Thinking Little About Shame

November 14, 2019


…keeping our eyes on Jesus, the source and perfecter of our faith, who for the joy that lay before Him endured a cross and despised the shame and has sat down at the right hand of God’s throne.  Hebrews 12:2

Shame is a powerful catalyst.  If I know I’m going to go somewhere and will feel any kind of shame, I will want to avoid going.  If God is calling me to a place where shame has been felt in the past, I will have to prepare myself to focus on God and His love for me.  Only He can counteract the toxic effects of being in the presence of humiliation.

What is shame keeping you from today?  Whom are you avoiding because of how they cause you to feel?  What setting is it that tempts you to believe that you are worthless?  Perhaps you are still healing from the last time you were in the company of someone who despises you.

It’s not just people who cause us to feel ashamed.  It can be a humiliating event.  The next time you have lunch with some friends, ask everyone to describe their most embarrassing moment.  Shame and humiliation will be involved.

Jesus didn’t ignore the shame of the cross.  He looked at it square in the eye and chose to despise it.  Instead of shame defining how He felt, He focused elsewhere.  What power God gives His child to endure shame!  Jesus is the ultimate example of God’s sustaining grace.

John Piper wrote this piece about Hebrews 12:2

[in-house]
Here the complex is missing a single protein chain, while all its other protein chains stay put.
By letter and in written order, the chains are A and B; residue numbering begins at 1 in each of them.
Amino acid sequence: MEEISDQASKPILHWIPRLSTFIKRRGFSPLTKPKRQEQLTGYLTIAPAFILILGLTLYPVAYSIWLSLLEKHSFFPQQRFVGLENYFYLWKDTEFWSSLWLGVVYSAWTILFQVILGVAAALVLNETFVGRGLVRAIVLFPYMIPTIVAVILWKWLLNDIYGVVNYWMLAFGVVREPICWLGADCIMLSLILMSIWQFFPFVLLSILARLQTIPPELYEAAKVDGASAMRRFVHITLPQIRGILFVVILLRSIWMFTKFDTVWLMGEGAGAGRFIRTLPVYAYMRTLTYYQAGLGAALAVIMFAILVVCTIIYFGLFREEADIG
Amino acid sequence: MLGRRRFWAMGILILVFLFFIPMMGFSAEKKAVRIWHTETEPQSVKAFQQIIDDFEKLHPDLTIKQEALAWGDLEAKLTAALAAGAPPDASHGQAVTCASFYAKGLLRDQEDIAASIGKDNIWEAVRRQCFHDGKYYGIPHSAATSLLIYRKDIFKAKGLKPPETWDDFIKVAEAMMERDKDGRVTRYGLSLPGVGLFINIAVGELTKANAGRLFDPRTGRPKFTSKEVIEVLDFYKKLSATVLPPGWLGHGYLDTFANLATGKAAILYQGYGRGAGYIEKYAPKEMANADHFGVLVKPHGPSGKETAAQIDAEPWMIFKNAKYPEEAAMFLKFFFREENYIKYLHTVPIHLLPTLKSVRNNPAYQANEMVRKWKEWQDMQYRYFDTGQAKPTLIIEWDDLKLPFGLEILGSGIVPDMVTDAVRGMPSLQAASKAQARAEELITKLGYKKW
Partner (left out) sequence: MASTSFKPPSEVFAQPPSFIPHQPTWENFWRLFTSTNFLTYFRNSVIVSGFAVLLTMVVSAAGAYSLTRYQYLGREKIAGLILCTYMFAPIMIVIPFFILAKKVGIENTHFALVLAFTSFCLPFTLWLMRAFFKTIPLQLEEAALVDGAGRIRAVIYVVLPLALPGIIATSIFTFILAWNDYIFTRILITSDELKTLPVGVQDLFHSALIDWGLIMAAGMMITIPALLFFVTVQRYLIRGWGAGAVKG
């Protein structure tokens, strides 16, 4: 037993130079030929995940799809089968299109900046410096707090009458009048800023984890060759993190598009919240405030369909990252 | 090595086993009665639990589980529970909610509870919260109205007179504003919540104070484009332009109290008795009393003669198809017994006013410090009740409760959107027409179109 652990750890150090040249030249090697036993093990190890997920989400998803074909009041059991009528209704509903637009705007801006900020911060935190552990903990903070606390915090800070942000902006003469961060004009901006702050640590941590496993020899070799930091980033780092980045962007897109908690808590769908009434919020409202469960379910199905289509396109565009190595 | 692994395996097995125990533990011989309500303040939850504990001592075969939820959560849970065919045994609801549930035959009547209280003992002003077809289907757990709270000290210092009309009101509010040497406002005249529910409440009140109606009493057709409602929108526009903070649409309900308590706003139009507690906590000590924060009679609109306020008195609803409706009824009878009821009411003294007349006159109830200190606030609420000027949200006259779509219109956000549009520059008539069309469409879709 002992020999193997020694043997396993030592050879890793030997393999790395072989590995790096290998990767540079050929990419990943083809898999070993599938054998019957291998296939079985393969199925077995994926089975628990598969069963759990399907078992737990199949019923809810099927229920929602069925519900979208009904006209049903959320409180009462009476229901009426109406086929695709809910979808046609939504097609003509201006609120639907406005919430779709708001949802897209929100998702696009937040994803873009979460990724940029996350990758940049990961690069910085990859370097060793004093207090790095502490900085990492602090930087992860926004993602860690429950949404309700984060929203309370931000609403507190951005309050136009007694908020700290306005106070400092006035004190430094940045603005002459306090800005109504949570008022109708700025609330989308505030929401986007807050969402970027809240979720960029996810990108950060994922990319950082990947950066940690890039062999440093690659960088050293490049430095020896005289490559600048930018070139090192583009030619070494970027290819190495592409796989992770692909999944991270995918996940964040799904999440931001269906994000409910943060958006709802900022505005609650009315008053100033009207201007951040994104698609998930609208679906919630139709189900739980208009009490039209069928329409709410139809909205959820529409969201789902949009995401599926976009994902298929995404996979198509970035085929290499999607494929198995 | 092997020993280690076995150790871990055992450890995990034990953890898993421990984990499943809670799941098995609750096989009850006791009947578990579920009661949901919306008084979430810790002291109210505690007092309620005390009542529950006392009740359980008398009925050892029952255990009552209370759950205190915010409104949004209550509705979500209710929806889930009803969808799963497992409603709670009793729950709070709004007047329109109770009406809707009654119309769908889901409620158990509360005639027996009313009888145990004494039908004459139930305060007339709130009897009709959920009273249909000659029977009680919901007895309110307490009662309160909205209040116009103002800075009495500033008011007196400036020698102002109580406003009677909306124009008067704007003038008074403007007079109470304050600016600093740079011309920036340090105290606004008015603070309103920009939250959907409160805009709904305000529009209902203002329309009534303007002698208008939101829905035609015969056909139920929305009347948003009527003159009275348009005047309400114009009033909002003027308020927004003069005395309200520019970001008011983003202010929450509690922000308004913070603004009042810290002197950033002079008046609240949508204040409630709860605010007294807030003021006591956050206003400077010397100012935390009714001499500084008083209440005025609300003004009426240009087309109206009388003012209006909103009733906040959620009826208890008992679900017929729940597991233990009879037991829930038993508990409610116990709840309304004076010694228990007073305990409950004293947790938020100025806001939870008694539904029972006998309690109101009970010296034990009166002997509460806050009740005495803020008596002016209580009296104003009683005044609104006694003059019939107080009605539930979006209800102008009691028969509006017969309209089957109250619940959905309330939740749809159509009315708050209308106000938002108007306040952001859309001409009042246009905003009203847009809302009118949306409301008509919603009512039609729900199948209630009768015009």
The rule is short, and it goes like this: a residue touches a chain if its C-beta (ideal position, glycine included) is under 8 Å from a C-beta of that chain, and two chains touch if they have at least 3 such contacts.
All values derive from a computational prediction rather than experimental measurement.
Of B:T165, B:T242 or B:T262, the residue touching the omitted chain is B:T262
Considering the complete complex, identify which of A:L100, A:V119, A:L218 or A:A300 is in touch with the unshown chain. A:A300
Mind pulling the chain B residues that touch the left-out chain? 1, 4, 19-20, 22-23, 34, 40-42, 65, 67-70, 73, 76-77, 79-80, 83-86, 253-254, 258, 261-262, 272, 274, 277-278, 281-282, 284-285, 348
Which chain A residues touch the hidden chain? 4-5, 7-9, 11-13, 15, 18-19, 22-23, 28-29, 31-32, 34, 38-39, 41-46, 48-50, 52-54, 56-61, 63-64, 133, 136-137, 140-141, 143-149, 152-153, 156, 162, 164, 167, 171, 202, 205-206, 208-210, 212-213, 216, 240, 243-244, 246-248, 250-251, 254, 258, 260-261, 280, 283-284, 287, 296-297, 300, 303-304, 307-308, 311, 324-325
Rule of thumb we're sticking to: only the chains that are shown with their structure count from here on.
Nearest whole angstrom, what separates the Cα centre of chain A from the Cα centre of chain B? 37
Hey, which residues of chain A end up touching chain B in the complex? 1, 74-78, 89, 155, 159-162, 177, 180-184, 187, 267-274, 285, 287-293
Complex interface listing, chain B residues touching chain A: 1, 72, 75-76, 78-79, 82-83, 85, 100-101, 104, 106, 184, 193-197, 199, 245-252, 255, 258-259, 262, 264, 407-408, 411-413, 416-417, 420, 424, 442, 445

Listen to me, Shame, do you see that joy in front of me? Compared to that, you are less than nothing. You are not worth comparing to that! I despise you. You think you have power. Compared to the joy before me, you have none. Joy. That is my power! Not you, Shame. You are worthless. You are powerless.

You think you can distract me. I won’t even look at you.  You are ugly and despicable. And you are almost finished. You cover me now as with a shroud. Before you can say, ‘So there!’ I will throw you off like a filthy rag. I will put on my royal robe.

You think you are great, because even last night you made my disciples run away. You are a fool, Shame.  That abandonment, that loneliness, this cross — these tools of yours — they are all my sacred suffering, and will save my disciples, not destroy them.

Farewell, Shame. It is finished.

As I read this, I was reminded that I must always look at the bigger picture, not my specific set of circumstances.  Whatever shame I have suffered never concludes my life’s novel.  It is a dark thread amongst the many golden threads of grace and redemption.

Your people spend a lifetime healing from shame.  You did it in an instant because You knew Your Father’s love and saw your eternal destiny.  Amen

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